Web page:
Directed by Richard Curtis
Starring Domhnall Gleeson, Rachel McAdams, Bill Nighy
On his 21st birthday, shy retiring Tim (Domhnall Gleeson) is indoctrinated into the family secret by his father (Bill Nighy), and it’s a doozy. For some unknown and unexplained reason the males of the family are able to time travel within the bounds of their lived lifetime. Each member often chooses a purpose to utilise this ability for, and Tim dedicates himself to finding love. After a few rocky starts, Tim meets and falls in love with the delightfully quirky Mary (Rachel McAdams) and seeks to use his powers to create the perfect life.
The narrative shares much in common with Groundhog Day, but lacks the dark humour of the lead character going off the rails when facing a Sisyphean task. With seemingly no horrible side effects from time travelling (at least for the first two-thirds of the movie), Tim is free to travel back in time as often as he can to solve any issue. This robs the script of any dramatic impetus, and makes it feel like the plot just meanders for its two hour running time.
Director Richard Curtis’ script does of course come with all the charm one would expect from the writer of Four Weddings And A Funeral (as well as Notting Hill and Love Actually), it just never quiet seems to know what to do with it. Towards the end of the movie some limitations are introduced to the time travelling, but it seems purely there to create tension and give the movie an end point to work towards, something it has been lacking for the majority of its run.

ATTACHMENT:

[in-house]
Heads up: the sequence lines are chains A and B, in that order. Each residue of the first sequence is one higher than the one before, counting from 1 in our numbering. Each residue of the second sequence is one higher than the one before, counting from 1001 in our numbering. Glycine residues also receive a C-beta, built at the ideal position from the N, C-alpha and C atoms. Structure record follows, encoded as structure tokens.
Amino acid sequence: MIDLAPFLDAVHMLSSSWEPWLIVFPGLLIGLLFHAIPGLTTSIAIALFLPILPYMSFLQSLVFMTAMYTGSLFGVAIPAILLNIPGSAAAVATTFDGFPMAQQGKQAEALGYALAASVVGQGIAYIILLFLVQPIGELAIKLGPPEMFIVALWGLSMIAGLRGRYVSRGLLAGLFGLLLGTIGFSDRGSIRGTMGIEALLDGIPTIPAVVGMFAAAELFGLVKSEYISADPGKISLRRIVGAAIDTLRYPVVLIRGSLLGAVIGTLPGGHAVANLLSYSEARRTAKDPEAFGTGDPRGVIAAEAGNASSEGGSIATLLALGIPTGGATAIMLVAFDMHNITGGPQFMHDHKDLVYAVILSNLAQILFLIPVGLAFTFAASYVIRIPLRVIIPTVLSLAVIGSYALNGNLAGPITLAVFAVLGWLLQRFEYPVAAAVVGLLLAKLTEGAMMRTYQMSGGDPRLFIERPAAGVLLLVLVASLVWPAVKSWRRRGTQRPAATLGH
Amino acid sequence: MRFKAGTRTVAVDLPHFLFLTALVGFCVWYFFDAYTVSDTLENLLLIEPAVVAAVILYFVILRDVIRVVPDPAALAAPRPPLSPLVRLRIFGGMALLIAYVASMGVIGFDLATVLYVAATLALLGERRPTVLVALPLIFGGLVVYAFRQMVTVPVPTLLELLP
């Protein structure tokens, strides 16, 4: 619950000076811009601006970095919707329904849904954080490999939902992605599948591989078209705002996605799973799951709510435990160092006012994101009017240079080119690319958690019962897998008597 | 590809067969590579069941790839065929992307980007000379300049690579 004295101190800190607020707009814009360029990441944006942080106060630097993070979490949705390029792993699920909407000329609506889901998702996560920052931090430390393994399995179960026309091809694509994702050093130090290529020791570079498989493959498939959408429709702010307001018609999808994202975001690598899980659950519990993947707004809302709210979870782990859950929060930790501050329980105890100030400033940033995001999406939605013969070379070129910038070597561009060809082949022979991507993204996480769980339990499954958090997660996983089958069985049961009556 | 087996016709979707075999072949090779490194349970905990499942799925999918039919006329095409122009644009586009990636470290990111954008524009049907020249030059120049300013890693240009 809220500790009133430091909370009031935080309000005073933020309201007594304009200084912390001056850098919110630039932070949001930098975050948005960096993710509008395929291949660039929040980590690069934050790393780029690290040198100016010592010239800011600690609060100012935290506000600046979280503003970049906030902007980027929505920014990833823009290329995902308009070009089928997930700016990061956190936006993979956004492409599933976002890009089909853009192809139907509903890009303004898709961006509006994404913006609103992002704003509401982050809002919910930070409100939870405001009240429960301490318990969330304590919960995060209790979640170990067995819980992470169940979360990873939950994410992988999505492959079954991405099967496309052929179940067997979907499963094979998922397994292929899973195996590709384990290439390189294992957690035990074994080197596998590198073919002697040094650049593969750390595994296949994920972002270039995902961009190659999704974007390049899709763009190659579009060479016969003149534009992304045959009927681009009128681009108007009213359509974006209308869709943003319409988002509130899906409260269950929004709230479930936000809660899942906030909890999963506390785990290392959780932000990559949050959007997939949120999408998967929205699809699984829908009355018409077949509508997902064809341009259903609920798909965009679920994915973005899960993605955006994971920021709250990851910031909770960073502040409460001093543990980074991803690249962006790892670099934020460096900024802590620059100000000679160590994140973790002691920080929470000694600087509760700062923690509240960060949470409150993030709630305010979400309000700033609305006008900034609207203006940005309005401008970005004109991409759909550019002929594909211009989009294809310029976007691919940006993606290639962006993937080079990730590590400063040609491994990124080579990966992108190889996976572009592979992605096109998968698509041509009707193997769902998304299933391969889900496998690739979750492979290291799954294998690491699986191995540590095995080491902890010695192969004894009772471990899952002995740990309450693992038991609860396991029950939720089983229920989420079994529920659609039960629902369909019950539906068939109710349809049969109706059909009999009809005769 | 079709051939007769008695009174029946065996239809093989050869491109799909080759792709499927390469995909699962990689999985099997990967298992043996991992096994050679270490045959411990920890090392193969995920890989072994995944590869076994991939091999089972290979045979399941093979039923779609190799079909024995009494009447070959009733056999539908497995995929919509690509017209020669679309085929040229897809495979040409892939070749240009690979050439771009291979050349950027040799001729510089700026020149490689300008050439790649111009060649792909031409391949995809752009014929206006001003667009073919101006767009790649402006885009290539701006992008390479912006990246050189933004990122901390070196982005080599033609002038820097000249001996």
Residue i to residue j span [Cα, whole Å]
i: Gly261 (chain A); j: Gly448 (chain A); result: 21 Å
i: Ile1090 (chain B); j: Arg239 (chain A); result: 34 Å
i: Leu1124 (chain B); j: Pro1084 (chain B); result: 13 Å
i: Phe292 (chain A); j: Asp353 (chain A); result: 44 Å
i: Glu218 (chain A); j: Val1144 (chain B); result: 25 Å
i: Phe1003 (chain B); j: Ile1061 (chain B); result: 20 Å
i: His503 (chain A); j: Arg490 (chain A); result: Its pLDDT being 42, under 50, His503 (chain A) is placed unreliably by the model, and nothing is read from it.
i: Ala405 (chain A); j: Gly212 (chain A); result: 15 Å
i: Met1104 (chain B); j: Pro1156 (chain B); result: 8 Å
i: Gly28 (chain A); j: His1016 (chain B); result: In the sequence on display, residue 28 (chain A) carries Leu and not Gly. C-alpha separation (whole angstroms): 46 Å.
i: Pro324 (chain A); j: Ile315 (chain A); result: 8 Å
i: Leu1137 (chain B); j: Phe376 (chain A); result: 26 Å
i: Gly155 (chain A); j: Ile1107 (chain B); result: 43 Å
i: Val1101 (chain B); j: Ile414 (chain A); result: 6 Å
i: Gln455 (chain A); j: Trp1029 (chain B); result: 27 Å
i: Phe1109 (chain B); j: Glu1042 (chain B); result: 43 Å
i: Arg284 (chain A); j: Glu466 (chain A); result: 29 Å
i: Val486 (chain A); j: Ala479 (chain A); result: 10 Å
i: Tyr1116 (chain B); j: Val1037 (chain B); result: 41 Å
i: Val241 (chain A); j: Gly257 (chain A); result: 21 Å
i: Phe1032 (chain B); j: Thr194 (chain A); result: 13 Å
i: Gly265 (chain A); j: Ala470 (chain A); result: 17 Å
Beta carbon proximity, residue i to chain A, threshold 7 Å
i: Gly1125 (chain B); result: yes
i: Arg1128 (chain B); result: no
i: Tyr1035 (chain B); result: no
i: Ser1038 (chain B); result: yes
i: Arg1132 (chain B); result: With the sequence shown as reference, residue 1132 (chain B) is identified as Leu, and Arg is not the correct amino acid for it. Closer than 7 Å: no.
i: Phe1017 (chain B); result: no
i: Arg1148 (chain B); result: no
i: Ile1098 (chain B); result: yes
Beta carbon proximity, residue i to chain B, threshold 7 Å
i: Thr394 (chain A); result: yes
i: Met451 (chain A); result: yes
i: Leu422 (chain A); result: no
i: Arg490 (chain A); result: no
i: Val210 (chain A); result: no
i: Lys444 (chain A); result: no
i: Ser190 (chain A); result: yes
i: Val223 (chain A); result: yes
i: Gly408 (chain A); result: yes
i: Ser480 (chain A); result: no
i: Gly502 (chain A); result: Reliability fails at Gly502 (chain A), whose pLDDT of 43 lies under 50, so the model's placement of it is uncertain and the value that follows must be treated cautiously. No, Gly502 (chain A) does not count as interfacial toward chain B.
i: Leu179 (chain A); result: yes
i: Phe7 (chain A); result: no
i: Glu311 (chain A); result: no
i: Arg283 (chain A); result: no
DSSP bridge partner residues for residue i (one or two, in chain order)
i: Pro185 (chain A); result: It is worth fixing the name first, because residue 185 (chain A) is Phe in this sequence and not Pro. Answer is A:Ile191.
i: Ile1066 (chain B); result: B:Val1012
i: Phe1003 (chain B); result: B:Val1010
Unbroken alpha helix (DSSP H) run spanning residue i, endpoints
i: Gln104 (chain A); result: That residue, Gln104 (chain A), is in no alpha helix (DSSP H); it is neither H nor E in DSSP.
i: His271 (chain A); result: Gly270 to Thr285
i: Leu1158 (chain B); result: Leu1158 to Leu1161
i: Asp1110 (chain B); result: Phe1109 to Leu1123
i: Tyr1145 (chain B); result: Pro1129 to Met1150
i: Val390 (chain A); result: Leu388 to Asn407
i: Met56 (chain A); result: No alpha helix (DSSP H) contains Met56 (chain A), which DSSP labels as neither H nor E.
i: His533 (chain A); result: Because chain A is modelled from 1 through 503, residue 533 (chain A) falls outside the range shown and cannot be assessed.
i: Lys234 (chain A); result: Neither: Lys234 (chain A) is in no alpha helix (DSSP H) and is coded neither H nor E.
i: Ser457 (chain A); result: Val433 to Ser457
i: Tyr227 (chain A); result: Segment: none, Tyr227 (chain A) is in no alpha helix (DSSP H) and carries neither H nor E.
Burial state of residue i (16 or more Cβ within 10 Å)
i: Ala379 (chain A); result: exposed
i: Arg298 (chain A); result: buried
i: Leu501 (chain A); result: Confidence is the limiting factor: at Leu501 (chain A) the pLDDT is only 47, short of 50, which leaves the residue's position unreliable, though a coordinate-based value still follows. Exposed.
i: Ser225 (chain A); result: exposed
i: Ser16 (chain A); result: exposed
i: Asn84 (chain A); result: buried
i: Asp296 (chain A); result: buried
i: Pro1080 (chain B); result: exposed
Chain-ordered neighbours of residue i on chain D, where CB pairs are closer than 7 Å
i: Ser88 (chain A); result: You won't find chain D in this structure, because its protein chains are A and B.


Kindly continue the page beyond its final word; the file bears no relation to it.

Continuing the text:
Domhnall Gleeson puts in a good performance, despite coming across as a Weasley possessed by the spirit of Hugh Grant. Again blame here rests on Curtis’ script for producing a similar voice to previous characters. Still, there is a fair amount of charisma on display and Gleeson is quite likeable. Bill Nighy is the epitome of serenity, believable as a character that has lived every moment at least twice over. His interaction with Gleeson is easily the highlight, and forms perhaps the most rewarding emotional bound explored in the film as he passes on his wisdom to his son. Rachel McAdams is appropriately cute and quirky, providing some genuine chemistry in this overly sweet love story. Finally of note, Tom Hollander does inject some much needed humorous bastardry into the film with the minor role of Tim’s caustic playwright roommate.
About Time has a genuinely sweet heart and uplifting message, perhaps so much so that it comes across as slightly cloying. Robbed of forward momentum by its own plot device, it just seems to flounder for its overly long runtime with little conflict. Curtis provides a film brimming with charm, but it is everything we have seen before in films directed or scripted by him. You don’t need to have just stepped out of a blue police box to experience deja vu here.
_ DAVID O’CONNELL